Traditionally, programming a robot involves one of two possible approaches, teach pendant and offline programming.
Teach pendant programming involves moving the robot to each point of its trajectory using 12 of the teach pendant buttons (one per direction and per axis). This requires the operator to select the appropriate coordinate frame (joint, robot, tool, or user), which defines the direction in which the robot will move when a button is pressed. He manually sets the speed, for example when moving the robot from one point to the other and when the position needs to be set precisely.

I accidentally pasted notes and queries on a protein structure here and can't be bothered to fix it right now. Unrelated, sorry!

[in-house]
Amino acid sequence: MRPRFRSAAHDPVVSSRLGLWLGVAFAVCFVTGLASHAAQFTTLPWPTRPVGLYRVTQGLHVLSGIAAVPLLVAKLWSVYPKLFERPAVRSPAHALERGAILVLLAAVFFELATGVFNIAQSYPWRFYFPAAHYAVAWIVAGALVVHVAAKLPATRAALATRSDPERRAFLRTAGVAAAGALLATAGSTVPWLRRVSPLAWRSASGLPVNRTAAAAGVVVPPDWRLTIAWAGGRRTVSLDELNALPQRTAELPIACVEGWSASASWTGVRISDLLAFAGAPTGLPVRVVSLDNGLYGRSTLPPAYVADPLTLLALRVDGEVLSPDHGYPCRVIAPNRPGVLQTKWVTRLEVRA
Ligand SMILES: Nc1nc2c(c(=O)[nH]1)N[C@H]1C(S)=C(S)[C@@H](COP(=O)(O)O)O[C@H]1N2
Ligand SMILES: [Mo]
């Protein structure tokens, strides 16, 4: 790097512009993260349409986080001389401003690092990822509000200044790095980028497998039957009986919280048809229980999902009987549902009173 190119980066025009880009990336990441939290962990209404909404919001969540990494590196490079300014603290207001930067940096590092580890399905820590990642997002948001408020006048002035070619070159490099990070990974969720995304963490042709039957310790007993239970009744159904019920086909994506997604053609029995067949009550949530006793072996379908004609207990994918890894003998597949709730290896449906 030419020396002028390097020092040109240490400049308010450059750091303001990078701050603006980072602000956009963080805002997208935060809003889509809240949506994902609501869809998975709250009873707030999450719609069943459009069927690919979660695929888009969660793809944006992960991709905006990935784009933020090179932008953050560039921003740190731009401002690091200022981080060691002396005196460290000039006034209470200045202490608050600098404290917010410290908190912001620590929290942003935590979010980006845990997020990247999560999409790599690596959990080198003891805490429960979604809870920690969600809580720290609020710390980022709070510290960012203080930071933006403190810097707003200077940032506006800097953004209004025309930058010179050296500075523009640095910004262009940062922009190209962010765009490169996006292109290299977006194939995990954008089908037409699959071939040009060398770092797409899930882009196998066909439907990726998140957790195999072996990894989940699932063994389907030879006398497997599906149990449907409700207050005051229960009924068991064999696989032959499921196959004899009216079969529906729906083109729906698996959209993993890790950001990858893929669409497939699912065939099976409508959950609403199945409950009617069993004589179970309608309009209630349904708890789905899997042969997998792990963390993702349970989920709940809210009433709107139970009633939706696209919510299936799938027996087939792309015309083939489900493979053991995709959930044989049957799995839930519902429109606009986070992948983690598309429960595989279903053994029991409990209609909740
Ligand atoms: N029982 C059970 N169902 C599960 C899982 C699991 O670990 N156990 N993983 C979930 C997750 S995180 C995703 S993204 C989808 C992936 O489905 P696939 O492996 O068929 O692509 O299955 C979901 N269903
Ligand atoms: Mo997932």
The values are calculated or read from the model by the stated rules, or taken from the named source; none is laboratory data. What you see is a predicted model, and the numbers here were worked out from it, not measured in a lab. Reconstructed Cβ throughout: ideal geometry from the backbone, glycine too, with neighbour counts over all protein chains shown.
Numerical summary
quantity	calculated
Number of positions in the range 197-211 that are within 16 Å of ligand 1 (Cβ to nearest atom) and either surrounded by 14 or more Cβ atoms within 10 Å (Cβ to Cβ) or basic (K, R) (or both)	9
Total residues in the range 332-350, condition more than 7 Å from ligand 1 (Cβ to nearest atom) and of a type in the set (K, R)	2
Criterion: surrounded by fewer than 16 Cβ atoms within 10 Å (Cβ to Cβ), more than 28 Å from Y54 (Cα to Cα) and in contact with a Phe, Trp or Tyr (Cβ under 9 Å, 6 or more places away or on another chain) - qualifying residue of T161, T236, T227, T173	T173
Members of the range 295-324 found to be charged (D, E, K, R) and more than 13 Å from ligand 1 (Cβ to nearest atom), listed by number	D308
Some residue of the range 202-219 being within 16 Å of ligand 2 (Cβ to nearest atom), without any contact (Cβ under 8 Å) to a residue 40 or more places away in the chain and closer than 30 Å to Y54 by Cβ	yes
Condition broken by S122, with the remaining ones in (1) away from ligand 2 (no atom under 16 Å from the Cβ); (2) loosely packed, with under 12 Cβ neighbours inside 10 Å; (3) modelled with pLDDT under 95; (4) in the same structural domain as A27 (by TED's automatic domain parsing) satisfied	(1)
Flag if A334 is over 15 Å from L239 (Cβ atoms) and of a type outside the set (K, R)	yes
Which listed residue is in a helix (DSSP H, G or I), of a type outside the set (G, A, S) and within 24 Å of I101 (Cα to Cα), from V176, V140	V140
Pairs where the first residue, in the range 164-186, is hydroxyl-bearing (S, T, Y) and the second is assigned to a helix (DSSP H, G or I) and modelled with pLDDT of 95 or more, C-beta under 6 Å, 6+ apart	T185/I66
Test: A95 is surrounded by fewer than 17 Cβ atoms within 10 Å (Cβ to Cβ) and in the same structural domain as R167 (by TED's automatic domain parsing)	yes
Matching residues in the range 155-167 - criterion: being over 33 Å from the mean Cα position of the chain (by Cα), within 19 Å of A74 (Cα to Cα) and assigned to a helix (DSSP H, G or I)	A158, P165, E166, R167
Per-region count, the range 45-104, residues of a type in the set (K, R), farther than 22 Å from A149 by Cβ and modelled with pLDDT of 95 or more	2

It is important to verify that the frame, direction, and speed are set appropriately before moving the robot, especially when the tool is located near a rigidly fixed object (which is always the case in welding applications). Moving in the wrong direction often leads to tool-damaging collisions.
In addition to moving the robot through the points defining the trajectory, the operator must learn a robot brand-specific programming language and enter these instructions in a text file using the teach pendant. If positioning the robot presents a challenge, navigating through all the possible instructions within the teach pendant also can be a difficult, time-consuming task.
Offline programming consists of loading specialized software, the robot cell, and the parts that need to be welded. The programmer can generate the robot trajectory on the computer and may have the aid of some automatically generated paths. Weld instructions must be inserted to produce the program to load in the robot controller.